Wells Fargo, which had pledged to put the millions in fees it earned from processing Paycheck Protection Program loans back into the community, used some of those proceeds to make its $2.5 million contribution toward the initiative. ESBI was funded through the bank’s Open for Business Fund, a roughly $420 million national recovery effort focused on racially diverse small businesses hardest hit by COVID-19. 

In 2021, Wells Fargo fulfilled its roughly $420 million Open for Business Fund commitment. Overall, the fund is estimated to reach more than 152,000 small business owners nationally, helping to maintain an estimated 255,000 jobs.

Saez, who has been with the bank for more than two decades, said she’s never seen an initiative have such direct impact.

“A lot of times, as a corporation, when you give grant money, you know it is going to good use, but you can’t always see the direct impact,” she said. “With ESBI, you can.

“You can see how it has impacted small business — how it has enabled them not only to survive but thrive again.”

Leah Apgar, who serves as managing director, loans, for NJCC, agreed.

“To date, the program has provided financing to 20 small businesses, totaling just over $1.4 million,” she said. “It’s all different types of loans to different types of small businesses who have different types of capital needs, including working capital, bridge financing, real estate financing and equipment financing.”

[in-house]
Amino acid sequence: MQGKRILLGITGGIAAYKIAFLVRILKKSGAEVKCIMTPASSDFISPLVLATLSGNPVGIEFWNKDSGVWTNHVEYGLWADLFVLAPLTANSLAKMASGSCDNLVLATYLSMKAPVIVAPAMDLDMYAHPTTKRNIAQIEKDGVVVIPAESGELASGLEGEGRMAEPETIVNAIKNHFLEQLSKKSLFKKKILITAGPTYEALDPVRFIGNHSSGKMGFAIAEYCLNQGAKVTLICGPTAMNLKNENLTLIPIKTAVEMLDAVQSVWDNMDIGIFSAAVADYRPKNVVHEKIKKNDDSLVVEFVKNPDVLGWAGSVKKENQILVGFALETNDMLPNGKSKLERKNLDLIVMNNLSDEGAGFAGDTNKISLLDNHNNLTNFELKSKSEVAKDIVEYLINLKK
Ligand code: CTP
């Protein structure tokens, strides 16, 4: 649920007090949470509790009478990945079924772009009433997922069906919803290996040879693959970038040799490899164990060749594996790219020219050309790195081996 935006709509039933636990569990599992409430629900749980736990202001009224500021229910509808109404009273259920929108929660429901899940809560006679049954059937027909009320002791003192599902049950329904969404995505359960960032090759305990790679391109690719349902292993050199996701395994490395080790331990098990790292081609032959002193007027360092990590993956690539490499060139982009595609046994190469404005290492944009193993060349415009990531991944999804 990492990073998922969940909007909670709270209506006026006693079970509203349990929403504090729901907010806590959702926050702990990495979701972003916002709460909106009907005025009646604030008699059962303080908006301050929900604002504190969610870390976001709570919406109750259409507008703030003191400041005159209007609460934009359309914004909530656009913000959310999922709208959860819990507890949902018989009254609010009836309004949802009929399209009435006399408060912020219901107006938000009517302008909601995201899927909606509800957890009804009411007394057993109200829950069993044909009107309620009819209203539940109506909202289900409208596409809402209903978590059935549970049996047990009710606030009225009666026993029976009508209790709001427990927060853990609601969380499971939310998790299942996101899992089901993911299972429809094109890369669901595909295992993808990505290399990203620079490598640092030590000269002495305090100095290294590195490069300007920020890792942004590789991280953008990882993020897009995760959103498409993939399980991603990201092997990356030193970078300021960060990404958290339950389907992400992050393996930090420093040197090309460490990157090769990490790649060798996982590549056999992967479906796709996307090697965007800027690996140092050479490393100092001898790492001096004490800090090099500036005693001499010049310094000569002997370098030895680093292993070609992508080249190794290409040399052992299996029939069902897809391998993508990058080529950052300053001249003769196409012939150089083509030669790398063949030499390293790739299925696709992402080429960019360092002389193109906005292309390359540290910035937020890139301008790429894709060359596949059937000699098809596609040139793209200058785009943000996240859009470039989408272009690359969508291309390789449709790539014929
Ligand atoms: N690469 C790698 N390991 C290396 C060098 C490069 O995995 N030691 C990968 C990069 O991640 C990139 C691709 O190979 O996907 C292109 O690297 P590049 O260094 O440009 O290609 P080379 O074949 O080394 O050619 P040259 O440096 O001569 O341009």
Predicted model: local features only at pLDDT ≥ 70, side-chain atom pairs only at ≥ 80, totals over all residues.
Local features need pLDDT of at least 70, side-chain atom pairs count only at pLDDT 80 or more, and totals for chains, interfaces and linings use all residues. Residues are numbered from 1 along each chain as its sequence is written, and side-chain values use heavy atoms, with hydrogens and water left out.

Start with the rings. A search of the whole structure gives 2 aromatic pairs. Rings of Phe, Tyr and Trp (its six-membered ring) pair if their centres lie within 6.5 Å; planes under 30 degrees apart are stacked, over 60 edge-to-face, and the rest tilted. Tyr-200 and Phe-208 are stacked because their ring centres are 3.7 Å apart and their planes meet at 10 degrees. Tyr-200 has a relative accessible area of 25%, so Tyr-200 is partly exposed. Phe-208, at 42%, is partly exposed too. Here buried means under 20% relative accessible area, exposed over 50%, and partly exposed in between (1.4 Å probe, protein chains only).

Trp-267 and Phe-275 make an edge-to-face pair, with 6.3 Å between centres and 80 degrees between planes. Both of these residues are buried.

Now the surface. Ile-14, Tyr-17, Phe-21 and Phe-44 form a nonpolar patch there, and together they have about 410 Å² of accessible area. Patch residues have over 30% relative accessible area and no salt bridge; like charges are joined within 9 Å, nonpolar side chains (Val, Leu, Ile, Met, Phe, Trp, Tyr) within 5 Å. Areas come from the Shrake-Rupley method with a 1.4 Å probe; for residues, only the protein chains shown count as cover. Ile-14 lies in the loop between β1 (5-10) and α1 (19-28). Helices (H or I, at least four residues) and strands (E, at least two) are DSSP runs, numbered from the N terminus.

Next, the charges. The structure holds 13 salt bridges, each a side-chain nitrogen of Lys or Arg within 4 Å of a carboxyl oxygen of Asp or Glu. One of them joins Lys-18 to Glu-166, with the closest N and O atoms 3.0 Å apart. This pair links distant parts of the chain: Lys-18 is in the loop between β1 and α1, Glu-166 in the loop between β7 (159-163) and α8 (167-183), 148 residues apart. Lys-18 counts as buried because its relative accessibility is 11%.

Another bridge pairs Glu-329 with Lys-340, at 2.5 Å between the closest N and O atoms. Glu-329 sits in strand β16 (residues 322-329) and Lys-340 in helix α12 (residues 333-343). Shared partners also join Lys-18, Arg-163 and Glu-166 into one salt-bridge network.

Bridge Builders Newark has been slowly diversifying — both in the contracting assistance it provides and the type of projects it works on.

To handle the growth, Whitaker is starting to join up with unions to better train his workers and get parts of bigger projects.

To do this, however, takes money. That’s where ESBI is paying off for him.

Last year, Bridge Builders received a $150,000 line of credit — one that only required him to make interest payments in the first year.

“One of the biggest challenges for a small business is access to capital,” he said. “Especially when it comes to making payroll. 

“This loan helped us to maintain current projects that we were on and take on additional projects — and fund them to completion, while we’re waiting to get paid. In the construction industry, you could be waiting 30, up to 60 days to get paid, so working capital is critical.”

These are the stories that Saez loves to hear.

She knows the program has provided that working capital and technical assistance. And the fact that this beacon of hope and help came out of such a tough period is a bonus, she said.

“It’s something that came from the pandemic,” she said. “To be able to turn something out of that experience into a positive is so great.”

And it may just be the start of something bigger.

Whitaker feels Bridge Builders is on its way to becoming a $2 million company. And he feels its ability to pay back the loan — early, in fact — will benefit Bridge Builders in the future.

“Because we were able to make all the payments on time and pay off the loan early, we now have access to a $1.5 million line of credit,” he said. “That could be a game-changer.”